If you're just getting started in the stock market, I'm jealous. I remember how exciting it was at the beginning of my investing journey more than three decades now. You will win. You will lose. And if you do things right, you will learn from every revelation. 

Picking your first stocks is a pretty big deal. I would love to boil down my advice to finding a company you admire in an industry you feel that you know better than most people, but obviously that's a personal journey. If I had to start right now -- and, again, lucky you -- I would have to go with Walt Disney (NYSE:DIS), Target (NYSE:TGT), and Amazon.com (NASDAQ:AMZN) as the ideal best building blocks for your new portfolio. 

A woman with her arms raised in the air as a stock market arrow moves higher.

Image source: Getty Images.


If content is king you can't go wrong with The Lion King. You won't find a bigger name in entertainment than Disney. Back in 2019 -- the last year that the multiplex was relevant -- Disney had all six of the country's highest grossing films. Disney operates the world's most popular theme parks. You've probably heard of ESPN, ABC, Marvel, Hulu, Pixar, and Star Wars.

Despite a rough 2020 that ended with some of its theme parks closed and Disney holding back on theatrical releases as a result of the pandemic the stock hit an all-time high on the final trading day of the year. Everything that the media giant has going for it is coming together in Disney+, the streaming TV service that has managed to attract 86.8 million paid subscribers in less than 13 months of service. 

Disney+ is currently just 7% of Disney's revenue, but it's growing up in a hurry. Mining its Marvel, Lucasfilm, and Pixar properties for shows and movies that will stream exclusively on the platform is going to keep customers close. Fans won't flinch at the 14% price increase that is coming in March. Disney sees as many as 260 million subs by the end of fiscal 2024, and if that seems high keep in mind that the media mogul has been woefully conservative so far. Disney is disrupting its own business, and investors couldn't be happier.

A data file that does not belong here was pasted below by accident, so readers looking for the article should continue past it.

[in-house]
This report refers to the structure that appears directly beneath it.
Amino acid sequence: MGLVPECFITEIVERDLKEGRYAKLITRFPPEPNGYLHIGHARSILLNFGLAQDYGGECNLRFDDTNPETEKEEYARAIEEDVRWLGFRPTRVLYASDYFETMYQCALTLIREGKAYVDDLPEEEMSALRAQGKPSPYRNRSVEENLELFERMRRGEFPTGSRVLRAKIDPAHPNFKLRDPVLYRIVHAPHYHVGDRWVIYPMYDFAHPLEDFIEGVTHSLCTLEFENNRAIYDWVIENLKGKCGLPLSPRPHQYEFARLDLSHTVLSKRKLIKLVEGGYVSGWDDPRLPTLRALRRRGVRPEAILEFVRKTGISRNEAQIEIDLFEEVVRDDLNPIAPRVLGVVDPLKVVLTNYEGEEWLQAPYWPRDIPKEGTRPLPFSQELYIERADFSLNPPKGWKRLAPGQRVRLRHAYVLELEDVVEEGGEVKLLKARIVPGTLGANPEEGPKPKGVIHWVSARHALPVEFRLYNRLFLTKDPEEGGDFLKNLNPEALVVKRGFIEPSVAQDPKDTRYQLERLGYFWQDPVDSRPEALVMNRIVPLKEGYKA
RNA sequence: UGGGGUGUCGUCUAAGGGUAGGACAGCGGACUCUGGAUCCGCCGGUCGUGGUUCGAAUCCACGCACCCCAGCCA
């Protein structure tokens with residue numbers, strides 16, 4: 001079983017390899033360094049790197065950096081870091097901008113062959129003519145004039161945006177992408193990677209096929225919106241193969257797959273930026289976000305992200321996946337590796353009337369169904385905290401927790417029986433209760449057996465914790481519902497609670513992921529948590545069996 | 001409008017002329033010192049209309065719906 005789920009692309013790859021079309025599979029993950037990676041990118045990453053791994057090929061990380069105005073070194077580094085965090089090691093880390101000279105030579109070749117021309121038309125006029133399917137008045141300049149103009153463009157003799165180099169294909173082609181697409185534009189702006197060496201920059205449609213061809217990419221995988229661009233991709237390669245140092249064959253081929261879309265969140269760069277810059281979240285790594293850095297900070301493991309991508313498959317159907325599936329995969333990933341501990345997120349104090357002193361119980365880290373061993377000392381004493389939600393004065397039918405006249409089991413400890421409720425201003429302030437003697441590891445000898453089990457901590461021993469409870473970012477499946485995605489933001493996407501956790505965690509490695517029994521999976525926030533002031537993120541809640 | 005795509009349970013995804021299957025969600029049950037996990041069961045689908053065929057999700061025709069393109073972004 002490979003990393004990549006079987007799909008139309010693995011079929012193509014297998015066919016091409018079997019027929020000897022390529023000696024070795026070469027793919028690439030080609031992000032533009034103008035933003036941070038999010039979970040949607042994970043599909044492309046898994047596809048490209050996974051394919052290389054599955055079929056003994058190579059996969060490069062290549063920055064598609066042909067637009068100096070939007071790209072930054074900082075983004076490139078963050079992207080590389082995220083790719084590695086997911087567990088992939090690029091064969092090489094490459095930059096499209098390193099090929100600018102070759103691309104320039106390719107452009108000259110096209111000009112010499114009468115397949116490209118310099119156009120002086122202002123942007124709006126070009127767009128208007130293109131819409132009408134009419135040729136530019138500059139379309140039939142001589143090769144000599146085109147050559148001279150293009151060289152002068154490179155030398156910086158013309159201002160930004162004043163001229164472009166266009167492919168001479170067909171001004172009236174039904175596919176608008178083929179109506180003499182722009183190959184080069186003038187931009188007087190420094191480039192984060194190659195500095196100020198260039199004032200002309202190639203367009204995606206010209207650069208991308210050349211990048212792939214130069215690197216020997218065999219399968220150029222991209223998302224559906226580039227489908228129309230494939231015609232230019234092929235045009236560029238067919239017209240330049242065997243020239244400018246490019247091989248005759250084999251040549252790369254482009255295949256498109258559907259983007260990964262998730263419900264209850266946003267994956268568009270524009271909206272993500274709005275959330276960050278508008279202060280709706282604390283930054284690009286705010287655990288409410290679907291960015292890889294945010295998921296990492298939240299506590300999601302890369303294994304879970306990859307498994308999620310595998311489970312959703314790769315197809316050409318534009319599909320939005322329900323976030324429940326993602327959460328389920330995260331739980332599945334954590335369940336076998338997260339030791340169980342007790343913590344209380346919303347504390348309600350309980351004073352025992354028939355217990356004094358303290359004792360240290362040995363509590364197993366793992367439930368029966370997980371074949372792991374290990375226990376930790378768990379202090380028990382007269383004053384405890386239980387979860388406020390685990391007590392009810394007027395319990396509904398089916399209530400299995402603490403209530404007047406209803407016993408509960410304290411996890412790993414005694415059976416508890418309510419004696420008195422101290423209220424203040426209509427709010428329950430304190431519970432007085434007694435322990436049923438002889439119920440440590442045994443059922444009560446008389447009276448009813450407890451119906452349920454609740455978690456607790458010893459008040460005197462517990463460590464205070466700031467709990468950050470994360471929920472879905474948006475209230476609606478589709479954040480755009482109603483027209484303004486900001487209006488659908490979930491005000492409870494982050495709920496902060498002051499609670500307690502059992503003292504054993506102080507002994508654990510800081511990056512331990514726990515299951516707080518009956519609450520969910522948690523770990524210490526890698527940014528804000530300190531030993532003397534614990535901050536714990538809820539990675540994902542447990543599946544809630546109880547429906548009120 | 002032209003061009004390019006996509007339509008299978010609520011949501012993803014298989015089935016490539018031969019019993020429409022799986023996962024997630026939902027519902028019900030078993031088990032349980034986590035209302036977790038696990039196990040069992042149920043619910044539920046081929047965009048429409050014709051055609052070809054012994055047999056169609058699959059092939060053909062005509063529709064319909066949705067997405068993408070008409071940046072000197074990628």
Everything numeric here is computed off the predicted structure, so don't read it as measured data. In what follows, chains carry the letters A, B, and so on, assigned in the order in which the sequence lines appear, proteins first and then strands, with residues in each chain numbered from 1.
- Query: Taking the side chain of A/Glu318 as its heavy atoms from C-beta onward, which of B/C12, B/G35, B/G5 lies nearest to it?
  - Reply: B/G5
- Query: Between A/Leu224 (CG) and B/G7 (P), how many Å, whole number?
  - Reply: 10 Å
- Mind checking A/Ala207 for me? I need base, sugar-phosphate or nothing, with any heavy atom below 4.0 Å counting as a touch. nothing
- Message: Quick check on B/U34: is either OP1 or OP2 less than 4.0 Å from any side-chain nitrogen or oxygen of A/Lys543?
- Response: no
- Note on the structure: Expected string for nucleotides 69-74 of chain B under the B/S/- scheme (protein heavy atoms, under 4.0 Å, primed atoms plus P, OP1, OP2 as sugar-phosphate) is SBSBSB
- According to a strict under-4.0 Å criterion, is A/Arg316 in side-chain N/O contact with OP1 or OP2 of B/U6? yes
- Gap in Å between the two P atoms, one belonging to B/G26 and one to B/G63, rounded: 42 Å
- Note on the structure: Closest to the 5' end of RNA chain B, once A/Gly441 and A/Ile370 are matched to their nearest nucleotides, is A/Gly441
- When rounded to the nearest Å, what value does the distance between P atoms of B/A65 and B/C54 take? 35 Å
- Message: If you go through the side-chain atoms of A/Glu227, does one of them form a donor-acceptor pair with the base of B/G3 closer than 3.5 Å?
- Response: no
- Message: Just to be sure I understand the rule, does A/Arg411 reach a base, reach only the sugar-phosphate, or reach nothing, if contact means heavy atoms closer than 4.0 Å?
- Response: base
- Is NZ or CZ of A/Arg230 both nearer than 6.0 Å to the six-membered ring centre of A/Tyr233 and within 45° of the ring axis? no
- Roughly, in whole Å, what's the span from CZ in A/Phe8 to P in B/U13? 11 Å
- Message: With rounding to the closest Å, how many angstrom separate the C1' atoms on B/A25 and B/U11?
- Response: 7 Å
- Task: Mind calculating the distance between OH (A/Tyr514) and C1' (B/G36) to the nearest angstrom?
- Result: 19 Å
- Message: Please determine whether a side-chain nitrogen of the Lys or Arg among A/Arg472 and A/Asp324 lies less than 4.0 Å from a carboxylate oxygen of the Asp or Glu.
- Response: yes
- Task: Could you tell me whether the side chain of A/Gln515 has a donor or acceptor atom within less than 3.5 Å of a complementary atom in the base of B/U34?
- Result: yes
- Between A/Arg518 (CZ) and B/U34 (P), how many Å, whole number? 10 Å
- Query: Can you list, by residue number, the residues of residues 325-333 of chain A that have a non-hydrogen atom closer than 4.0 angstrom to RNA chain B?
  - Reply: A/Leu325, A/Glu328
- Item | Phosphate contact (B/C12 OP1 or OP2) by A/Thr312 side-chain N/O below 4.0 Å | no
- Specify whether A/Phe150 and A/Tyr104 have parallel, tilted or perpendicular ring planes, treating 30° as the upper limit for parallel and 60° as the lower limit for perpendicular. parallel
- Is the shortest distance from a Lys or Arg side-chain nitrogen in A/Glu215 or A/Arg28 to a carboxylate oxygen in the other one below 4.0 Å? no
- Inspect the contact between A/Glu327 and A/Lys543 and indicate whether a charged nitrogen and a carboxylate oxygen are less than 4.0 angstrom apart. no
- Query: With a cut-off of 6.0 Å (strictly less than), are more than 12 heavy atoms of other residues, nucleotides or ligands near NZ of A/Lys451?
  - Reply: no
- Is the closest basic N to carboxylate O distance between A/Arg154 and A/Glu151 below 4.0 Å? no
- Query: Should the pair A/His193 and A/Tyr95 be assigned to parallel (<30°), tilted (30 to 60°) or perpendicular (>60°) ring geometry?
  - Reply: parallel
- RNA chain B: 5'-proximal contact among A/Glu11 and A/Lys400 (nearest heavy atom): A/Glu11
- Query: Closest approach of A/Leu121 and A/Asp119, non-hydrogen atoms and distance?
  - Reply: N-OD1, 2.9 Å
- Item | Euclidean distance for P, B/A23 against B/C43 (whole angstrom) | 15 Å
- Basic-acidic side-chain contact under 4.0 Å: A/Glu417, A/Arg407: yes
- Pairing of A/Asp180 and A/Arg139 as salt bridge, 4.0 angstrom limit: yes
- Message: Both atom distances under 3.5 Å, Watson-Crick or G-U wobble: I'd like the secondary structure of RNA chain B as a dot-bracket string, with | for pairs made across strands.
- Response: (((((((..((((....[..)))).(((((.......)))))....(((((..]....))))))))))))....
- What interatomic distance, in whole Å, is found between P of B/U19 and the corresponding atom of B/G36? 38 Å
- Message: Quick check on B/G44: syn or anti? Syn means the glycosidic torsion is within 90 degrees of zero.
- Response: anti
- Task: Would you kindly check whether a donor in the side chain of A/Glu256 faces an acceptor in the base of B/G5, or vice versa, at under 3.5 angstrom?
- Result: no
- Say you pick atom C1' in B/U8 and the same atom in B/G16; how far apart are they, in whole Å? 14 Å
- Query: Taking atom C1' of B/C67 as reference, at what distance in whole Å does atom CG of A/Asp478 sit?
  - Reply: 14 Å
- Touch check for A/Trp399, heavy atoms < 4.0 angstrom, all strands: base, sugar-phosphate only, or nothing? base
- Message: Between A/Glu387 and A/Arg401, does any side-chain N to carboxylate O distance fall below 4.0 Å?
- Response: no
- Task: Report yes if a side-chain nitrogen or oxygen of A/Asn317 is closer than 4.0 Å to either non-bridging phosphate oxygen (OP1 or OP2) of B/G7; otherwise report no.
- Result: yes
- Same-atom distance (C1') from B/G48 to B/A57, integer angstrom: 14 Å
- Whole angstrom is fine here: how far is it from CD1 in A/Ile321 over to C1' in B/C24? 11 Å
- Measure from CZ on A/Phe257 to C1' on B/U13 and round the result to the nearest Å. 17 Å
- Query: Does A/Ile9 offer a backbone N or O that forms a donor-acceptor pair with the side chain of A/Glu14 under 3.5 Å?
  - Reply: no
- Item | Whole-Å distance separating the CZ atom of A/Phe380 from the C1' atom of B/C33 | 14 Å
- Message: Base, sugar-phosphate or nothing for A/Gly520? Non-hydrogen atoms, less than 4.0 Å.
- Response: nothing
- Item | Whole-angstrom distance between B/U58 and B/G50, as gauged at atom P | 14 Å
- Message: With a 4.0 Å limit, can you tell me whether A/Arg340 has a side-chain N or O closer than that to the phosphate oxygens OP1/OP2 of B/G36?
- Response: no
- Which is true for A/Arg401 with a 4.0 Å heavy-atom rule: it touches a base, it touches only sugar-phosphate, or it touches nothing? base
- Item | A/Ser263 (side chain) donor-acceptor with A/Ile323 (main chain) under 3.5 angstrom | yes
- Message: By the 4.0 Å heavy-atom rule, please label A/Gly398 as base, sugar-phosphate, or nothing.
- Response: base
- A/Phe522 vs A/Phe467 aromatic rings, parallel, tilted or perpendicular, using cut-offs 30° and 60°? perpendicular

Let's get some dividend payments into your portfolio. Capital gains will always trump interest income in a portfolio, but there's nothing wrong with quarterly treats as reminders for being an investor. Target's yield of 1.5% may not seem like much, but it's tied to one of the most impressive brick-and-mortar retailers. 

Target's always had the right balance when it comes to mass market retail. It wears the "cheap chic" distinction with pride, and that makes it the cool place for penny pinchers to shop. Target is an all-weather winner. When the economy's buzzing of course it's going to hold up nicely. Here in a recession it's more than earning its keep as shoppers try to get more bang for the buck. 

The bull's-eye logo has been a great place for investors aim these days. Comps skyrocketed nearly 21% in its its latest quarter. Adjusted earnings more than doubled. Target's not a shrinking violet when it comes to the digital future. Between online ordering for in-store and curbside pick-up as well as old-fashioned e-commerce Target's digital sales soared 155% in its latest quarter.


Making two retailers part of your first three-stock portfolio may not seem to provide the diversification investors seek, but it's not fair to paint the country's third most valuable company by market cap as just a shopkeep. Amazon is a tech giant. 

Amazon has cracked the code on speedy delivery of all goods. It's a leading provider of cloud-hosting services. It operates the top live streaming platform for gamers. Its Prime Video streaming service is just one of the digital entertainment offerings that make it more like Disney than Target in many regards.

The pandemic has only made us lean on Amazon more. The tech bellwether has managed to always post double-digit annual revenue growth, even through the dot-com bubble popping and now a pair of recessions. In 2020 it likely delivered its strongest top-line increase since 2011. Amazon checks off a lot of boxes for a starting investor. Disney and Target check off the boxes that are left. 

This article represents the opinion of the writer, who may disagree with the “official” recommendation position of a Motley Fool premium advisory service. We’re motley! Questioning an investing thesis -- even one of our own -- helps us all think critically about investing and make decisions that help us become smarter, happier, and richer.